Avraham Avinu was the archetypical “gomel chessed” (benefactor of kindness).
A Medrash in Parshas Noach comments on the pasuk (Mishlei 21:21) “One who pursues righteousness and kindness (Tzedaka v’Chessed) will find life, righteousness, and honor (Chaim, Tzedakah, v’Kavod).” The Medrash interprets: The one who pursues Tzedaka refers to Avraham, as it is written, “…He observes the way of Hashem to do Tzedaka…” (Bereshis 18:19). And who is considered the Ba’al Chessed? Again, it is Avraham who did Chessed to Sora (by burying her). The conclusion of the pasuk in Mishlei thus also refers to Avraham: He is going to live a long life (he lived for 175 years); and he found Tzedakah and Kavod. The Medrash comments that Hashem said, “I am one who bestows kindness. You, Avraham, have taken over my profession. Therefore, come and wear my uniform – as it is written, “And Avraham was old, coming in days, and Hashem blessed Avraham with all.” (Bereshis 24:1) Apparently, the Medrash is saying that the uniform of the Ribono shel Olam is Ziknah (aged appearance).
And where, according to the Medrash, did Avraham demonstrate his great Chessed? It was through the burial of Sora. This Medrash is unfathomable! This is the example of the great attribute of kindness of Avraham Avinu? What kind of lowlife would not see to the appropriate burial of his wife upon her passing? Any decent human being would do no less. There are so many examples and Medrashim that could have been cited to demonstrate Avraham’s attribute of Chessed! Consider the great hospitality he provided for the three visitors that came in the heat of the day after he had just undergone Bris Milah at an advanced age. What is the interpretation of this Medrash?
I saw in the sefer Darash Mordechai that the Torah is trying to teach us a very important lesson that is unfortunately lost on many people: There are people in society who are the nicest people in the world. They would give you the shirt off their back. They do this for everyone else, except for their own family members. On the outside, they will fix your flat tire. They will do literally anything for you. But at home, they won’t take out the garbage. They won’t wash the dishes. They won’t vacuum when their wife is having a hard day. The Torah is saying that even though we all know that Avraham Avinu was a great Baal Chessed, what really counts to Hashem more than anything else is how he treated his wife. It is the old maxim—charity begins at home.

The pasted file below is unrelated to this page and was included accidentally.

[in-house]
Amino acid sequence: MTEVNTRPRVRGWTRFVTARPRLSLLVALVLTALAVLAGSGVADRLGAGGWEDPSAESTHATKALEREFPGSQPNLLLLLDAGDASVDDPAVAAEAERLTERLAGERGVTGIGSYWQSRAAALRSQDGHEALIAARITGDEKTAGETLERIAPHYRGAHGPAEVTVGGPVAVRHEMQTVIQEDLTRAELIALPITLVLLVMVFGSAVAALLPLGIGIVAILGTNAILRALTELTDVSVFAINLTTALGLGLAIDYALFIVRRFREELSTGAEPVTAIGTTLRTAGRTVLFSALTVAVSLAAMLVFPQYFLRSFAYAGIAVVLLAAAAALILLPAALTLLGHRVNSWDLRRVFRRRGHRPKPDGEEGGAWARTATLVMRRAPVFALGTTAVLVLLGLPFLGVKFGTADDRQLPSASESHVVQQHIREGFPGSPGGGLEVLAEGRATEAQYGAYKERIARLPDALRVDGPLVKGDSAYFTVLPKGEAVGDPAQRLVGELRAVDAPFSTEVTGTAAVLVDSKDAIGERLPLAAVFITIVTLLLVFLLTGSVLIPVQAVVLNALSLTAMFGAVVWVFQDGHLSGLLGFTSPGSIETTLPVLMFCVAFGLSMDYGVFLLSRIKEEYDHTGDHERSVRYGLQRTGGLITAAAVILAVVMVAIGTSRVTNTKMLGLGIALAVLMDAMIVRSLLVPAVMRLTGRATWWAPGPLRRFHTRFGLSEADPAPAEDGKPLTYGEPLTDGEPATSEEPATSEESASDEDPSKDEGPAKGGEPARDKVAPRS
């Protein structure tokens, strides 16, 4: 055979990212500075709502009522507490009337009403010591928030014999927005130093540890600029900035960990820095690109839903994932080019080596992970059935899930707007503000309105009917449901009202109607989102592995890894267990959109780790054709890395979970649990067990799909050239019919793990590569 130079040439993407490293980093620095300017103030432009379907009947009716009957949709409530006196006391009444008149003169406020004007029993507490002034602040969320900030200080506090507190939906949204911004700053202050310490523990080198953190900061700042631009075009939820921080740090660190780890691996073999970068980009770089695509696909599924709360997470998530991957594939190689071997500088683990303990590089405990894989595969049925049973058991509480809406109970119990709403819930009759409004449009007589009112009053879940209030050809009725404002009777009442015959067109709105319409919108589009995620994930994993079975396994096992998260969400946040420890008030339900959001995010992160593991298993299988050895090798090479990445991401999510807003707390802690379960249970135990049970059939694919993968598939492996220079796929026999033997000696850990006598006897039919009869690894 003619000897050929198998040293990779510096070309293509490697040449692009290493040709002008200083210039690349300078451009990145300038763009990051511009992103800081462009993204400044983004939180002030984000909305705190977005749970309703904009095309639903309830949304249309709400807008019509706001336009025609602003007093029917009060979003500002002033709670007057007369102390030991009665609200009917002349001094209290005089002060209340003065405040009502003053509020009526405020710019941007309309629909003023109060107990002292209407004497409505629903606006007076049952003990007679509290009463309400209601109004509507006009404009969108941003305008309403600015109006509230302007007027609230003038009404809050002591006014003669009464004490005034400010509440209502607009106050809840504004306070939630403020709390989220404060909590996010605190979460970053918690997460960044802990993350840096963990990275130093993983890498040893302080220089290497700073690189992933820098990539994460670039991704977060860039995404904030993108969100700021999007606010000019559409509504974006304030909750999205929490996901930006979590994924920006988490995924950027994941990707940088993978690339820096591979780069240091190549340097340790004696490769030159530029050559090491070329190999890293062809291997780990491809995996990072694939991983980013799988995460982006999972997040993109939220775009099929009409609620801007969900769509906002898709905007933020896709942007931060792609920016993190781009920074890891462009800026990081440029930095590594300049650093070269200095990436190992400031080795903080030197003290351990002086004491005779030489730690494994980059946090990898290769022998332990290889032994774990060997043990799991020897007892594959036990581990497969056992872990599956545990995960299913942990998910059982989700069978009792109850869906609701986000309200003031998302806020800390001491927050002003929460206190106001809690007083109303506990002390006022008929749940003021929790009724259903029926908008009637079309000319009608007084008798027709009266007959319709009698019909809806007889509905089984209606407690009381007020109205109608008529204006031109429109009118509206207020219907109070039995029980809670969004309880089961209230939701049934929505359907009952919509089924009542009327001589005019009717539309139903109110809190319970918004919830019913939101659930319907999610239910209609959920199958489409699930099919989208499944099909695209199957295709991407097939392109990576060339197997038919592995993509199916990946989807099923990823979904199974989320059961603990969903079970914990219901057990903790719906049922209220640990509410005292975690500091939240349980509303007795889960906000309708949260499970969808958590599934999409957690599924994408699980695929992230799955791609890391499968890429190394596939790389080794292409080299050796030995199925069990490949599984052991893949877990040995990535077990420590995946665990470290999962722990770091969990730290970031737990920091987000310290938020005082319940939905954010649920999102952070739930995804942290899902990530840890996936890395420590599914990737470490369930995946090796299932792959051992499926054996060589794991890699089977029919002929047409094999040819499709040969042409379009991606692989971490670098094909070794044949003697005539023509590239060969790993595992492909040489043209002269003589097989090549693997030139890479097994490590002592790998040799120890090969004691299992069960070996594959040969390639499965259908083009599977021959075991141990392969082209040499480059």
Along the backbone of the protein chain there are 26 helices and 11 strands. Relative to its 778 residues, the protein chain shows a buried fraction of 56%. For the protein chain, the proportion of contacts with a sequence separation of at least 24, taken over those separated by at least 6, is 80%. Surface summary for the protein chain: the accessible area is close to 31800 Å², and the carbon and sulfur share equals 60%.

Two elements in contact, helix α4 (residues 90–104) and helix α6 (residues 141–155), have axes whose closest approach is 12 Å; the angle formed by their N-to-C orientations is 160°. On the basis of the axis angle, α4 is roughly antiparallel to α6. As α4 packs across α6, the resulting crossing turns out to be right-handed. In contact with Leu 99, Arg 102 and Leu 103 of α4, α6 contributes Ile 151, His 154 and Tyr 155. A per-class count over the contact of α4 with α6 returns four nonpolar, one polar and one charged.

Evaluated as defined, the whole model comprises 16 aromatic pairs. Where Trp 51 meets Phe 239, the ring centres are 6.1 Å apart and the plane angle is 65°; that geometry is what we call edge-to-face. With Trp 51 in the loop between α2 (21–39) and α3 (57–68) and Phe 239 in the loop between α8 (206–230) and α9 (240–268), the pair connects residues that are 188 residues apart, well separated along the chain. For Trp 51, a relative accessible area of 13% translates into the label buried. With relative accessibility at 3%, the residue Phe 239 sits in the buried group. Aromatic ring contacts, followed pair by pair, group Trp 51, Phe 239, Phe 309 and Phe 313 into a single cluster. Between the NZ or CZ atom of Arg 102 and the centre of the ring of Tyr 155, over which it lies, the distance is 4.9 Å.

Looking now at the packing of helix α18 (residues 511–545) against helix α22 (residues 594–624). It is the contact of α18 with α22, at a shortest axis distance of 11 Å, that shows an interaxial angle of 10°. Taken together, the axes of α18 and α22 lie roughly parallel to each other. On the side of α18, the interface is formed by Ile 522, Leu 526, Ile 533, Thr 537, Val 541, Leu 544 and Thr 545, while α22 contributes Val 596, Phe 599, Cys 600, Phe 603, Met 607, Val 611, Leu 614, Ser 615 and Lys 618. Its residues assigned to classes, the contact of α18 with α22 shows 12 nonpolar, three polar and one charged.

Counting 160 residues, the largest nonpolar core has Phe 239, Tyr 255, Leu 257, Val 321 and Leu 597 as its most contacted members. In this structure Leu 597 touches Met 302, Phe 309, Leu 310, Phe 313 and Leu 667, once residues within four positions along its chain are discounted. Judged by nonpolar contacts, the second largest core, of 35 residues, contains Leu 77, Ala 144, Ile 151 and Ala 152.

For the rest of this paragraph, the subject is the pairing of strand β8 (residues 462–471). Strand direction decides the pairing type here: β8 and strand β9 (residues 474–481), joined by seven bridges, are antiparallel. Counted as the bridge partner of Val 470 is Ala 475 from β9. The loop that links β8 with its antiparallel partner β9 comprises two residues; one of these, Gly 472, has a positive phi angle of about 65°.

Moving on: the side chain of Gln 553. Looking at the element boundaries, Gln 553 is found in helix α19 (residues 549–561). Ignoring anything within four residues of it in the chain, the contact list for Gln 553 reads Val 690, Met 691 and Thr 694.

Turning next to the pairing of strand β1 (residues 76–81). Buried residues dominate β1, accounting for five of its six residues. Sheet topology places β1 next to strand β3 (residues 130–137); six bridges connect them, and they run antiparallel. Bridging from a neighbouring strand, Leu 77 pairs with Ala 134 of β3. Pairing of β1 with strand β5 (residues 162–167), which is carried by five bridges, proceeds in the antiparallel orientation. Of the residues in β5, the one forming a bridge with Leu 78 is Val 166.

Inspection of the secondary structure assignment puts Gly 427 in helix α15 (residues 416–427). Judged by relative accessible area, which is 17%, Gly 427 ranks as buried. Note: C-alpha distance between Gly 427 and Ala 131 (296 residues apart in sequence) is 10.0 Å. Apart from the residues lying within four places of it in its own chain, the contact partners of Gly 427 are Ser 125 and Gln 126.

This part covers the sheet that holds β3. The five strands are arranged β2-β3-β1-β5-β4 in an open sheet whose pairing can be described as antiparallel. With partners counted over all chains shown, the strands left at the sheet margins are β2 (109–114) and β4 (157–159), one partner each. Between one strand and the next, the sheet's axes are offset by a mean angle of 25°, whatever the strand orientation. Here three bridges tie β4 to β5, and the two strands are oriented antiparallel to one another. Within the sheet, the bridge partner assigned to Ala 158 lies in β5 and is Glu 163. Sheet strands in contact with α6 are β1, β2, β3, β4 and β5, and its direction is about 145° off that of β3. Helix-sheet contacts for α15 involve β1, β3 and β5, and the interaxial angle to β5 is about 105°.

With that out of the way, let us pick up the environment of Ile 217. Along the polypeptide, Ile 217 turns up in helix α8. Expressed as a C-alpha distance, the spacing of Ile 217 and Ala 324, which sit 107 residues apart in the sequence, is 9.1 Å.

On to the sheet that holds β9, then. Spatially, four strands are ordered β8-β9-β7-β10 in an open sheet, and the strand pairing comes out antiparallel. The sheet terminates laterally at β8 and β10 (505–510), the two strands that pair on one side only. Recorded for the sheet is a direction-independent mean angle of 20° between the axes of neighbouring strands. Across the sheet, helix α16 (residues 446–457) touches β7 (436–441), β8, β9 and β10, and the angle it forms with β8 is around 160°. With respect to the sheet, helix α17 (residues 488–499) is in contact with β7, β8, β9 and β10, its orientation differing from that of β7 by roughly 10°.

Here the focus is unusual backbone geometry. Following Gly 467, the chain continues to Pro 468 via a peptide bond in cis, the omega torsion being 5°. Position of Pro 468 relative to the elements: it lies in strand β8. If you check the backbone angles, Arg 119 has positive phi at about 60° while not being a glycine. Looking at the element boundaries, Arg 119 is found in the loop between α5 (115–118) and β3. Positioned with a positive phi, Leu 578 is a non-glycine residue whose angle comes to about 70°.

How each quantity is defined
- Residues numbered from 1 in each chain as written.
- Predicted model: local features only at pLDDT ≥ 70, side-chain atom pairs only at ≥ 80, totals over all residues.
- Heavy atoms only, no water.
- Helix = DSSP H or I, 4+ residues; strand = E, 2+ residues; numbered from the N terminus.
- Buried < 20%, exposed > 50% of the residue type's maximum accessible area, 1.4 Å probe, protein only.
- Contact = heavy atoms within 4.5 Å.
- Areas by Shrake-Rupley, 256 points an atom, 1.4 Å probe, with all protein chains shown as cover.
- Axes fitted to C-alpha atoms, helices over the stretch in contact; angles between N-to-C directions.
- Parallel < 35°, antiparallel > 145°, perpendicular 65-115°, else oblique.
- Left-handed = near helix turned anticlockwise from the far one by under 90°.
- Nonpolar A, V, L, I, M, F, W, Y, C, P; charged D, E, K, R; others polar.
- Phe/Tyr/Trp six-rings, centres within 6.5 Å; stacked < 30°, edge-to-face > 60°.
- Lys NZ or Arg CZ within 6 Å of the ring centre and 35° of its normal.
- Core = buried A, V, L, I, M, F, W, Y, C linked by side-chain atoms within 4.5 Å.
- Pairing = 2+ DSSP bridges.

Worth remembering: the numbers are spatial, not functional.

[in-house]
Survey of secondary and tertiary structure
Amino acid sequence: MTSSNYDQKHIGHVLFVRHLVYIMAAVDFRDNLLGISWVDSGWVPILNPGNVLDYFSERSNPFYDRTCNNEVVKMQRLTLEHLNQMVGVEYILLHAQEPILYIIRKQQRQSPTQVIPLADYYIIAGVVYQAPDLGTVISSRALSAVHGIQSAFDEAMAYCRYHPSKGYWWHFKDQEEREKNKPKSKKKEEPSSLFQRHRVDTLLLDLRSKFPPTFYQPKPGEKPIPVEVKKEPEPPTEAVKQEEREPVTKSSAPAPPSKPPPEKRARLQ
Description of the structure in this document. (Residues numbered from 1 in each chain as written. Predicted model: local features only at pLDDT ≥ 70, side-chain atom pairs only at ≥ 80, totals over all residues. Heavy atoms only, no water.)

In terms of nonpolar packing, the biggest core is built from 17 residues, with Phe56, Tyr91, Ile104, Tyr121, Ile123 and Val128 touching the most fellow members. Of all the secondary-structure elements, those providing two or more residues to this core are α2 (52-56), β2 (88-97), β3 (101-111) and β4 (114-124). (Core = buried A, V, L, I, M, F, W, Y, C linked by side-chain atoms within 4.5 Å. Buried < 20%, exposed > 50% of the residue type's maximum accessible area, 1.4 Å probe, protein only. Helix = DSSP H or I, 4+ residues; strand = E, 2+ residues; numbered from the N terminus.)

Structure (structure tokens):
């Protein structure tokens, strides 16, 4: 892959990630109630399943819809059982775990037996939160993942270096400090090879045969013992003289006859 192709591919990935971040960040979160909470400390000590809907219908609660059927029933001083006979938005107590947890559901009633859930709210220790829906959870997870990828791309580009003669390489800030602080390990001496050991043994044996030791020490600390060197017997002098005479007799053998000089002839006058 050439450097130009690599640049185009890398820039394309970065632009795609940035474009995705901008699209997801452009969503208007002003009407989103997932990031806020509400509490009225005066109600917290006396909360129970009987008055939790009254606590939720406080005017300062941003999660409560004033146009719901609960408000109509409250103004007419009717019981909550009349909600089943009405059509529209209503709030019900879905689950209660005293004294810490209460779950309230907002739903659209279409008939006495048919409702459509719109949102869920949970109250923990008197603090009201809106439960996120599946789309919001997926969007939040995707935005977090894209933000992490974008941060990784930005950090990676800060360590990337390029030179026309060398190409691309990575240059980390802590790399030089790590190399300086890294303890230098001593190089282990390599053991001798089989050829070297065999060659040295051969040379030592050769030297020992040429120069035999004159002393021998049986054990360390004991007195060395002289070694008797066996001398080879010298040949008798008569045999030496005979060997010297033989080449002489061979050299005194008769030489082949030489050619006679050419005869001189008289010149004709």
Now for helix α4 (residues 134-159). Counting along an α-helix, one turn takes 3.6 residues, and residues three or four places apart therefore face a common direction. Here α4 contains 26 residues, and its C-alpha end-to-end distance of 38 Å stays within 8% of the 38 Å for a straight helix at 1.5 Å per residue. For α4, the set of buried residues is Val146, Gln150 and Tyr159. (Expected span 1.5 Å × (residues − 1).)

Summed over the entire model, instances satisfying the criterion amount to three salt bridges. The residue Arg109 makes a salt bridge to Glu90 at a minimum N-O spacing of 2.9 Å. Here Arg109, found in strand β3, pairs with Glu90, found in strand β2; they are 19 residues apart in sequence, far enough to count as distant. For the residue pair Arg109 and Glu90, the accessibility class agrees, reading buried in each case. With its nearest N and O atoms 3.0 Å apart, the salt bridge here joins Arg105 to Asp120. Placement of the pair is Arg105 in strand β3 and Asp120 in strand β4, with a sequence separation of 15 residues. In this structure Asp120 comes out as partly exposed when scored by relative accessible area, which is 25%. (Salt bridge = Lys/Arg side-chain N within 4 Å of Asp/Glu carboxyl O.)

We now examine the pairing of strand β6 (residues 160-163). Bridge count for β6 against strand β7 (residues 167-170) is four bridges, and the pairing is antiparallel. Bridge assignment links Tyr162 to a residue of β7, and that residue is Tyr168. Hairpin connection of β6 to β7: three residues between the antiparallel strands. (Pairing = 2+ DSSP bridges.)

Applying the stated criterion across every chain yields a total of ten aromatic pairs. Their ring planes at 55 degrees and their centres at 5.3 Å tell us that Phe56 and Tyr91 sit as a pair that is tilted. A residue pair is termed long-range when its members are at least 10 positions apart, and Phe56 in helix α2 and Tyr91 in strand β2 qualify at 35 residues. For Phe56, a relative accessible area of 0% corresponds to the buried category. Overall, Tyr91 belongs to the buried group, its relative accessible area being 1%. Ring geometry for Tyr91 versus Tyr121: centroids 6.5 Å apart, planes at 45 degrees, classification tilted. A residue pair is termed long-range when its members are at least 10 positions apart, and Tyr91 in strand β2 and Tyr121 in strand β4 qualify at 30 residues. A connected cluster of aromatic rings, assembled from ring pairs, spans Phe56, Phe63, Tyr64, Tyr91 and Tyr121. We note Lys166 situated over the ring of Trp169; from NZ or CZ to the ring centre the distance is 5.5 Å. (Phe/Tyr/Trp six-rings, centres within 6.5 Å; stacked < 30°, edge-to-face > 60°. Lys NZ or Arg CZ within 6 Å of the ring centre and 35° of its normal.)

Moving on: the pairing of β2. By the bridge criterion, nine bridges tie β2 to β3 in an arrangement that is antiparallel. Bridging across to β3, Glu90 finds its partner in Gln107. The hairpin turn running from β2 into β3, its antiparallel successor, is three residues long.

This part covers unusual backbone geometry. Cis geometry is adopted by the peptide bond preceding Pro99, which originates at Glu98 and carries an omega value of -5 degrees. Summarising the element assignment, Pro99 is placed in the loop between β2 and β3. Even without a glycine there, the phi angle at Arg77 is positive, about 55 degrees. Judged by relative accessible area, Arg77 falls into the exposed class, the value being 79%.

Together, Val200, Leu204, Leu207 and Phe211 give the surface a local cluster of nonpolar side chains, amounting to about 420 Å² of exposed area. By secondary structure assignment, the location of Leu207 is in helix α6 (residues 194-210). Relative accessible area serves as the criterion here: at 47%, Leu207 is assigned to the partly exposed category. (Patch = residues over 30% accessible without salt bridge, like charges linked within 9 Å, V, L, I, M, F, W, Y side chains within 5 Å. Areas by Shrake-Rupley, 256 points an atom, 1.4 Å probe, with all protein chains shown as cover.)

Many years ago, I mentioned the words of Rav Chaim Vital, but they are worth repeating: There are people who do Chessed with all other types of people, however they do not do favors for their wives and family members. They are confident that when they come up to Heaven, the Gates of Gan Eden will open wide for them. Woe is to them and woe is to their souls, for they do not know and they do not understand that all their acts of kindness are Hevel u’Reus Ruach (nothingness and evil spirit). First and foremost, a person must do Chessed with his wife and children. ‘Your own poor take precedence.’ Only after charity has begun at home do the good deeds that a person has done for others count.
That is why this Medrash portrays the prototype of the Chessed of Avraham Avinu as the effort he expended in properly burying his wife. This is the most important type of Chessed.
I recently read about an incident during which a young man complained to Rav Schach: “No matter whether Shabbos starts at 4 PM or 8 PM, my wife is never ready. The house is always a turmoil those last twenty minutes before Shabbos. “She always is just barely able to bentch licht on time” he complained. Rav Schach responded, “Take the broom and sweep yourself! Help your wife!”
For Someone Else, You Need to be an Apikores
I very recently heard the following thought in a shiur from the Tolner Rebbe of Yerushalayim.
Rivka is coming with Eliezer to meet her future husband. The Torah says, “And Yitzchak came from having gone to Be’er L’Chai Roi, for he dwelt in the south country” (Bereshis 24:62).
Avraham Avinu had been married to Hagar. At one point, Sora told him to send Hagar away. Avraham made her leave. But now, after the death of Sora, Yitzchak went to bring Hagar back.